Utopie Radicali: Florence 1966-1976
Installation view of the “Wearable Chairs” project.

Even when staying closer to the traditional focus of architecture, such as in the furniture many of them designed, the Florentine Radicals sought to challenge notions that had emerged with modernism, making explicit references to modernist heroes such as Mies or Le Corbusier. On a guided tour of the exhibition, however, it became jarring to hear Poli describe the Superonda and Safari sofas, designed by Archizoom for the 1966 Superarchitettura show, as active pieces where people were invited to move elements and to imagine together how to sit—as an anthropological investigation about the body and commercial production—but to not be able to touch and interact with the pieces themselves. The embodied experience that was at the core of the Radicals’ work and that is on view everywhere stays only that, “on view,” as archived artifacts. But it would have been more true to the Radicals’ ideals and intentions if the exhibition included either reproductions of some of the original installations and furniture to be interacted with by visitors, or commissioned new pieces that would present Radical takes on contemporary issues. That kind of interactive approach is limited to the public programs, which include events such as a “Curatorial Loaf” where visitors are invited to share a communal meal or a “Futurniture” workshop for families to create furniture for a “global disco” collaboratively.

 Utopie Radicali: Florence 1966-1976
of one of Archizoom’s various clothing projects. Along with “Wearable Chairs, the project is one display at the CCA’s Utopie Radicali: Florence 1966–1976

The last section of the exhibition focuses on the potential of lunar colonization—and by extension of space, seen as an expanded territory of exploration in response to what was seen as our incomplete future. This final section makes clear that most of these architects were not interested in building, but more in challenging norms and translating into architecture their resistance to consumerism. Only later would some architects like Bernard Tschumi and Rem Koolhaas manage to transform similar investigations into built form. This section also links closely this exhibition to previous CCA investigations into prospective aspects of architecture, with the most explicit links being to Other Space Odysseys (2010), for which the initial Poli donation was made.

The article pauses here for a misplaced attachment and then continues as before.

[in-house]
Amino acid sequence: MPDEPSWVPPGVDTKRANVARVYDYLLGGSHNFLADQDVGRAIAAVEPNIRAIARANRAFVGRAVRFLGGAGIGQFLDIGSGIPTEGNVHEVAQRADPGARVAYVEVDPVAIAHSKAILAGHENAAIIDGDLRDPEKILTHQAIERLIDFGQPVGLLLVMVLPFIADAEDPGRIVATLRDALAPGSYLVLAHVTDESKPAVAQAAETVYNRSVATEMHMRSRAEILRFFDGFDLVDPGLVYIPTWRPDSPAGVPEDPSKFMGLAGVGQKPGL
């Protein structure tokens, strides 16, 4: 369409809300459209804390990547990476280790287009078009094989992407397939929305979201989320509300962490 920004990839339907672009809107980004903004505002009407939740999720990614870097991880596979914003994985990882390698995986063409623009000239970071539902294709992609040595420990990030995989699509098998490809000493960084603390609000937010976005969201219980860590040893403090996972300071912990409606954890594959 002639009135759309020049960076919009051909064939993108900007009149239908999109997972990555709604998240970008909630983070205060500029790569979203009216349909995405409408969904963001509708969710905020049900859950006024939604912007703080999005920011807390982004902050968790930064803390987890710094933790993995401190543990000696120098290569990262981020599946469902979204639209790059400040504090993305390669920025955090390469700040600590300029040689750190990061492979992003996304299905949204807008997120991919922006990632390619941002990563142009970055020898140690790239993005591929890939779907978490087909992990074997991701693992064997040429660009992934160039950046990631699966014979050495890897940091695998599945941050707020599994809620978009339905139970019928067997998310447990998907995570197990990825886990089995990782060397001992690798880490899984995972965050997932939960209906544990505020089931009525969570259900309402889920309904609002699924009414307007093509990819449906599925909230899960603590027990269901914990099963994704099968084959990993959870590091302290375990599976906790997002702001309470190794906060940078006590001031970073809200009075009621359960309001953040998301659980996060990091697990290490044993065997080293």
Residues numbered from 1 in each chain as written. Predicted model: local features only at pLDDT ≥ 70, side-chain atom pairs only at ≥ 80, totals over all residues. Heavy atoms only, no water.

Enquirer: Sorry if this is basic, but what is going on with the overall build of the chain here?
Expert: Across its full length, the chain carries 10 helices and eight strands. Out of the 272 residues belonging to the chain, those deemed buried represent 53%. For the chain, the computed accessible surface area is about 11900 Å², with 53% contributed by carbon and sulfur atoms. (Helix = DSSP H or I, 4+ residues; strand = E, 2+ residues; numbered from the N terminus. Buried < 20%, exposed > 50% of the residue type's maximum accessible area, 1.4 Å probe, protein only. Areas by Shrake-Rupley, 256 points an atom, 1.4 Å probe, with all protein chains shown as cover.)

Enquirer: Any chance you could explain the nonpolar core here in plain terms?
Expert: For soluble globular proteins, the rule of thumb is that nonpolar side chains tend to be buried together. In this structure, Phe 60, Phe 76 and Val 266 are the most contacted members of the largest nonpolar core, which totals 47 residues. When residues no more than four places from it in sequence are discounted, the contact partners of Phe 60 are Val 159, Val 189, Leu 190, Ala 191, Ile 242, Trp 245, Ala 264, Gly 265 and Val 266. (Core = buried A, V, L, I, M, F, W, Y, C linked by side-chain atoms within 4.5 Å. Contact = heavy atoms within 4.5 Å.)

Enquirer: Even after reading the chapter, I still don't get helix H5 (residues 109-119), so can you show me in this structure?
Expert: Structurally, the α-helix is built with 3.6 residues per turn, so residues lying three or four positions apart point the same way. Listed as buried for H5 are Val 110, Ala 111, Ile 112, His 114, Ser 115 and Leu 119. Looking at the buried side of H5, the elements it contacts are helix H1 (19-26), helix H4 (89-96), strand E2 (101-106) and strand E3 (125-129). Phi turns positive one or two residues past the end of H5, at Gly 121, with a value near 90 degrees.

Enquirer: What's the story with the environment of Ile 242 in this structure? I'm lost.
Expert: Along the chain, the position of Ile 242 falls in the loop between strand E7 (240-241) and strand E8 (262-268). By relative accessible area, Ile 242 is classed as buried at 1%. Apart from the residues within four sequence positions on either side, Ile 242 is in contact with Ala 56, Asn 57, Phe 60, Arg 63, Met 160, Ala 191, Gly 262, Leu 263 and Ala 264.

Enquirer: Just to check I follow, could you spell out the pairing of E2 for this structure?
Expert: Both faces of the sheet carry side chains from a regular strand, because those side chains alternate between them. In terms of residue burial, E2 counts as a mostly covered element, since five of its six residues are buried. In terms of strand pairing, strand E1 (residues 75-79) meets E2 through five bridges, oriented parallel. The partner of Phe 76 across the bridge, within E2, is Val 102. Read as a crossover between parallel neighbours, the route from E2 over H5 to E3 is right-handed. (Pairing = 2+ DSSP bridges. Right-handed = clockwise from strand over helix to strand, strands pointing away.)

Meeting fra Mao e Nixon a Graz, Archivio 999, now on at the CCA's Utopie Radicali: Florence 1966-1976
Meeting fra Mao e Nixon a Graz, Archivio 999, now on at the CCA’s Utopie Radicali: Florence 1966-1976

Like the CCA’s recent exhibition about the Open University’s experiment with architectural education, Utopie Radicali explores the 1960s and 1970s reassessment of the modern movement and rethinking of mass culture as something that can improve people’s lives. However, if the CCA’s goal is, as Phyllis Lambert’s words on its website suggest, not to be “a museum that puts things out and says, ‘This is architecture’” but instead to “try to make people think,” this exhibition would benefit by bringing these critiques more directly in dialogue with our contemporary context. The CCA could then be as radical in its presentation of its rich and challenging archives as these objects were to begin with.

Utopie Radicali: Florence 1966–1976 exhibits at the Canadian Centre for Architecture in Montreal until October 7.

Olivier Vallerand is an architect with 1x1x1 Creative Lab and a visiting post-doctoral scholar at UC Berkeley College of Environmental Design.